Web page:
每日英語跟讀 Ep.K394: Of Red Clay and French Existentialism
The most prominent feature of the French Open is that this Grand Slam tournament takes place on the rusty red clay of Roland Garros, a beloved detail that is as much a part of local culture and tradition as the bouquinistes that sell art and used books along the Seine.
And yet, as it so often is in the country that claims Albert Camus and Simone de Beauvoir, the relationship between France and its “terre bateau” is a little more complicated.
This red clay that comes from a small brick factory in Oise, north of Paris, elicits so much love.
But the clay has also become a symbol of deep frustration. A Frenchwoman has not won the singles championship that this country so treasures, the one that requires more grit but also more thought than any other, since Mary Pierce in 2000. A Frenchman has not won it in 39 years, since Yannick Noah in 1983.
The answer likely has a lot to do with a central contradiction in the home of red clay’s biggest stage. Just 11.5% of the tennis courts in France are made of the traditional red clay and most of those are in private clubs. Another 16.5% of courts are made of an imitation clay surface that is similar to the terre bateau but plays harder and faster than the softer traditional clay.
Winning on clay requires a Ph.D. in what coaches and players call point construction, which is shorthand for playing tennis like chess, thinking not only about this next shot but three shots down the line. Learning that to the point where it is instinctual can take years, and like most things, the earlier one starts training the brain to think that way, the better.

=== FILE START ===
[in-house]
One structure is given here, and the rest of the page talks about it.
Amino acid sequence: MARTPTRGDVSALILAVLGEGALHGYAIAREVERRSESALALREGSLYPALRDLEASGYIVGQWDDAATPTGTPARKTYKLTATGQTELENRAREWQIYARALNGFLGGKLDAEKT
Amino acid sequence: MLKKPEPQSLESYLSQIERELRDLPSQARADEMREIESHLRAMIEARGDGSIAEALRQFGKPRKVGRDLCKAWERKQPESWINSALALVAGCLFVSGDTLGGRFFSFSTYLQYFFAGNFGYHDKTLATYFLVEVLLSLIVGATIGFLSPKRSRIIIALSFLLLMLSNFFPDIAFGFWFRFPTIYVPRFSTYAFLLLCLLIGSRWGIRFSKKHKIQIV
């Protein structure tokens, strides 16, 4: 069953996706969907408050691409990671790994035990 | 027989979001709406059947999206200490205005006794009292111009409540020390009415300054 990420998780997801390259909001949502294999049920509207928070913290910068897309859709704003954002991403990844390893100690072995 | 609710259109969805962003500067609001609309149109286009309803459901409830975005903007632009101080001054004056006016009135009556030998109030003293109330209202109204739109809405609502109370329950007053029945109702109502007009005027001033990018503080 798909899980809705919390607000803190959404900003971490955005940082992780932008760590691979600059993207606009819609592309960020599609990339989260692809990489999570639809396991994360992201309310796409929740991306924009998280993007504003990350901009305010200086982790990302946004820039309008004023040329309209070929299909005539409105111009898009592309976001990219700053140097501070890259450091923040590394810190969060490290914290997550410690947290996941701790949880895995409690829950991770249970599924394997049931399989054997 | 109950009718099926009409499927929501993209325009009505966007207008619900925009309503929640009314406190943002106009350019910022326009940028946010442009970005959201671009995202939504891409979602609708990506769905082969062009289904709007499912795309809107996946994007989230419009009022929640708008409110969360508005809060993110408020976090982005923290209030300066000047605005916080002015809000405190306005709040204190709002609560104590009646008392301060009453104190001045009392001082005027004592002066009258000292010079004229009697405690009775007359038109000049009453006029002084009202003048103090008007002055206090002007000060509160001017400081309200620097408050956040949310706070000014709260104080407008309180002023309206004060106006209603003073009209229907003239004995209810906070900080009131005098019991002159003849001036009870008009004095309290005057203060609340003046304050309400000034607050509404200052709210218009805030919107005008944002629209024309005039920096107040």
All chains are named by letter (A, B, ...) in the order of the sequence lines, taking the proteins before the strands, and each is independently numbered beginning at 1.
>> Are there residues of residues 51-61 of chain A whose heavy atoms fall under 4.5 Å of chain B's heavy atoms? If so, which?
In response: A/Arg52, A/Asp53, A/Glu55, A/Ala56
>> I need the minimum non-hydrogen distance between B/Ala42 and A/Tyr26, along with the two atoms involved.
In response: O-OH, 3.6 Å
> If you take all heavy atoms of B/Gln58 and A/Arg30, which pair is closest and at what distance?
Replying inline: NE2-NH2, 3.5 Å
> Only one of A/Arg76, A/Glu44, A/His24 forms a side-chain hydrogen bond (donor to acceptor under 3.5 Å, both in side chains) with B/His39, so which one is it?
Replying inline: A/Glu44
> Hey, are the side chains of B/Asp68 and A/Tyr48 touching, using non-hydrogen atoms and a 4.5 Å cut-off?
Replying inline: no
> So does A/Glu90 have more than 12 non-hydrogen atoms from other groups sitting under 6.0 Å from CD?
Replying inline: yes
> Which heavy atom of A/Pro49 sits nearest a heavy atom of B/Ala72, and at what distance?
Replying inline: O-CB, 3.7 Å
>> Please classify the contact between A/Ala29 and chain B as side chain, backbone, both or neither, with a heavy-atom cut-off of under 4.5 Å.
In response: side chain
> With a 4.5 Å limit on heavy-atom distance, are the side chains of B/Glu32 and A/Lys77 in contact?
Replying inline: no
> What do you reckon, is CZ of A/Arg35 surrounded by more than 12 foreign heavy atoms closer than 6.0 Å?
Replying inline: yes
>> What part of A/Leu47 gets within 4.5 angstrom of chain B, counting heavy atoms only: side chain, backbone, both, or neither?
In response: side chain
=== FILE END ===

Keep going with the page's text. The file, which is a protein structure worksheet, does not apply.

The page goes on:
“On clay, the fight really goes on and on,” said Aurelio Di Zazzo, a coach at the Tennis Club of Paris. “The longer the effort, the more you have to use your mind.”
The club, which is less than 1 mile from Roland Garros, tries to carry red clay’s torch as best it can. That torch is not cheap. Maintaining the courts requires four full-time employees, and new clay costs more than $2,000 a year for each court. Each court must be entirely dug up and redone every 15 years, costing more than $30,000 per court.
Levy said it is worth it.
“This clay is a part of France,” he said.
他說：「紅土球場是法國的一部分。」Source article: https://udn.com/news/story/6904/6379673